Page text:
• Burkina Faso

    Burkina Faso participates in a number of regional eHealth initiatives. 

    Burkina Faso eHealth began in 2004 with the adoption of the National Plan for information and communication infrastructure (NICI). This plan aims to remove all constraints that inhibit access to ICTs and to implement an appropriate environment for ICT development. It will launch the basics of cyber strategy e-health and social protection.

    Burkina Faso is a member of Réseau en Afrique Francophone pour la Télémédecine (RAFT). Burkina launched RAFT activities in 2004 based on three main applications Telemedicine: teleconsultation and tele-expertise with the tool Ipath RAFT, tele-education and digital exchanges between different actors

    Another network of the same type was born in the Indian project with the Pan African Union Network Africa.

    The Government of Burkina Faso has undertaken extensive reforms to the Ministry of Health. As part of the implementation of national ICT policy and Health, eHealth cyber strategy is in its final stages. Units dealing with information and health statistics (DGISS) and the promotion of telemedicine (DTM) were created in 2009. The DTM conducted a national survey in July 2010 of 285 health professionals (38% were general practitioners) showing:

    57% knew of the existence of eHealth in Burkina Faso 22% had practiced telemedicine 89% reported not having access to health information on time 72% expressed the need for distance education 45% did not have access to a computer at work 60% had no interconnection network at their place of job.

    The survey identified 10 eHealth networks using VSAT to support HIV work, though all were suspended due to termination of funding.

    An eHealth workshop held in July 2010 has identified priority areas:

    creation of an eHealth portal called "bubble" distance education (teaching and research) video conferencing system supporting radiology, pathology, dermatology, Digital environment exchange for expanded health professionals, patients, associations working for the health of patients.

    There are two portals for public health information: www.fasosanté.net and www.medouaga.net.

    The International Institute for Communication’s (IICD) and  Africa eHealth Solutions’ (AeHS) AfyaPro Hospital Management Information System (HMIS) is used in the country. An eHNA post summarise its plans for a new business model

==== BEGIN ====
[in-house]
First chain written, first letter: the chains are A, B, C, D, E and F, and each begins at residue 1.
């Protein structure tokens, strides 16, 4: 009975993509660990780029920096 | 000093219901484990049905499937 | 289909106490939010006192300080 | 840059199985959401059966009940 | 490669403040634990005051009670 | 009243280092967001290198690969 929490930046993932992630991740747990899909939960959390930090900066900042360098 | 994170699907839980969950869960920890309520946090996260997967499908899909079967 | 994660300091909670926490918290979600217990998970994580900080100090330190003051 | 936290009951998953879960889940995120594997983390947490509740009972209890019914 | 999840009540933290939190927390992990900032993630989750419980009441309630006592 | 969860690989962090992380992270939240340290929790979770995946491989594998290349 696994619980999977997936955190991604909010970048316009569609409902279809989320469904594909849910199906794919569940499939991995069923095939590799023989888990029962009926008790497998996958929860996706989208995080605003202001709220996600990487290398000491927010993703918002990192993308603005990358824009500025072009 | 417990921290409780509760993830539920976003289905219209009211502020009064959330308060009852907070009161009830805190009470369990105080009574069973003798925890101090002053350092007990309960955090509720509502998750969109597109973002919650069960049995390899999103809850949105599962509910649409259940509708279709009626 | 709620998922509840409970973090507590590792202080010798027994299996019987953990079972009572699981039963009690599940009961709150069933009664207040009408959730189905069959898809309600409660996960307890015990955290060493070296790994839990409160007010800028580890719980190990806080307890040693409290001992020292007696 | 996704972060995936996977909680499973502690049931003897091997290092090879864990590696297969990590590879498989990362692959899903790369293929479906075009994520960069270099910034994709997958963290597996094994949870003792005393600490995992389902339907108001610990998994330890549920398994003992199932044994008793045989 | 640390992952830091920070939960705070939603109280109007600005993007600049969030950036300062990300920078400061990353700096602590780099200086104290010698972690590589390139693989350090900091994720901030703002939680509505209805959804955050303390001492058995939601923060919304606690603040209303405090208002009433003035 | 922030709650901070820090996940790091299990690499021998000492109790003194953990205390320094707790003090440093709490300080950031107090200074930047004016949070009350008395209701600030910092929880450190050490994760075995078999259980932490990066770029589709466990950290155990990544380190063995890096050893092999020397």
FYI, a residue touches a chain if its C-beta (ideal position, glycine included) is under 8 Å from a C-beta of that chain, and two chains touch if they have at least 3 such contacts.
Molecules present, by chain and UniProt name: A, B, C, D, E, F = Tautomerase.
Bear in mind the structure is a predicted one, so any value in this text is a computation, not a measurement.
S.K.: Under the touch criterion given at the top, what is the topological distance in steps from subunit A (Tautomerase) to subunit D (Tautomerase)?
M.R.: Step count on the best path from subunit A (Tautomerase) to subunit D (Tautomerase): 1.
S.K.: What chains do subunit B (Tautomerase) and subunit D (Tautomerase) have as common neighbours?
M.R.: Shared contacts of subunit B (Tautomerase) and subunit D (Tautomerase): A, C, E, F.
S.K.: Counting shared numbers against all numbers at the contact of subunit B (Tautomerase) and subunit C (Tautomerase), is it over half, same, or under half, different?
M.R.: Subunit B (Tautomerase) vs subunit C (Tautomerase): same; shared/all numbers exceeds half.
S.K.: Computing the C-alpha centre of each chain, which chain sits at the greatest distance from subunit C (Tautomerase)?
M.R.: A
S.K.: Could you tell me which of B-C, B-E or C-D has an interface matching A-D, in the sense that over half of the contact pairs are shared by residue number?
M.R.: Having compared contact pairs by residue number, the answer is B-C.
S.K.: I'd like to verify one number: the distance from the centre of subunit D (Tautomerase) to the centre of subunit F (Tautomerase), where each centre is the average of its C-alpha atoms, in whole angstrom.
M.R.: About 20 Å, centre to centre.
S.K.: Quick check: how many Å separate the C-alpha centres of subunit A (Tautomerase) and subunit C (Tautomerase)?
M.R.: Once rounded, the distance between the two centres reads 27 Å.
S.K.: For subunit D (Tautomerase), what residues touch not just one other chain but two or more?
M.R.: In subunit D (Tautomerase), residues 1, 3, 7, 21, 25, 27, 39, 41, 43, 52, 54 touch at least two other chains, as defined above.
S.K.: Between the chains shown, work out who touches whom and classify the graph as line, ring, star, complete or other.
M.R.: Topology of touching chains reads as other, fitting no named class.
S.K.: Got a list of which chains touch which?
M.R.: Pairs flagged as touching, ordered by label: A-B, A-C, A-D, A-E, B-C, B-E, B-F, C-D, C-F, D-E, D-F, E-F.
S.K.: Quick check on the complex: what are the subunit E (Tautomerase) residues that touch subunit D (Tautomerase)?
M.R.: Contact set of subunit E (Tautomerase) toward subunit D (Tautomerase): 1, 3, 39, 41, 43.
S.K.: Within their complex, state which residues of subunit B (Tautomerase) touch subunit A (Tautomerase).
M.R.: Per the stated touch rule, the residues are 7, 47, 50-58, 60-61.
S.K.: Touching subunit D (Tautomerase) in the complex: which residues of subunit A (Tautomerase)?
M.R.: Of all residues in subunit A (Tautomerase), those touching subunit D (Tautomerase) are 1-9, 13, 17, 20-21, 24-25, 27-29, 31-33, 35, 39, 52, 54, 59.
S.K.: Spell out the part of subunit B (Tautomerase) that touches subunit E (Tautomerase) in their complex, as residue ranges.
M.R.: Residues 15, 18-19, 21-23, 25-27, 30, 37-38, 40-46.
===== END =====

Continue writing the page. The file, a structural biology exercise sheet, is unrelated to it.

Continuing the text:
• Burundi

    Burundi has one of the lowest GDP per capita PPP in Africa with the Hutu and Tutsi as the biggest ethnic groups in the country. Only one eHealth service initiative has been identified. In 2015, it joined the EAC’s eHealth collaborative, leading on nutrition.

    A telecommunications decree exists but has no eHealth provisions, though the country’s data protection legislation provides for privacy and confidentiality of personal information. 

    Burundi participates in the Réseau en Afrique Francophone pour la Télémédecine (RAFT) network.

  • Cameroon

    Cameroon’s telecommunications law and regulation is well developed. Its eHealth services include participation in the Réseau en Afrique Francophone pour la Télémédecine (RAFT) initiative.

    The country has a telecommunications law with no specific eHealth provisions or impact though the country’s cyber security and electronic communication legislation provide for privacy and confidentiality. Numerous health professional bodies exist in the country.

    It has a joint fibre optic expansion contract with Chad. Orange plans to provide 4G by 2018.

    A research team from Cameroon, the USA and France has developed an mHealth device with a video microscope to detect movement of Lao lao parasites in blood. 


  • Cape Verde

    Cape Verde has Creole as the biggest ethnic group with a few eHealth initiatives in telemedicine and health information systems. A telecommunications decree and electronic communications law exist in the country but with no specific eHealth provisions or impact.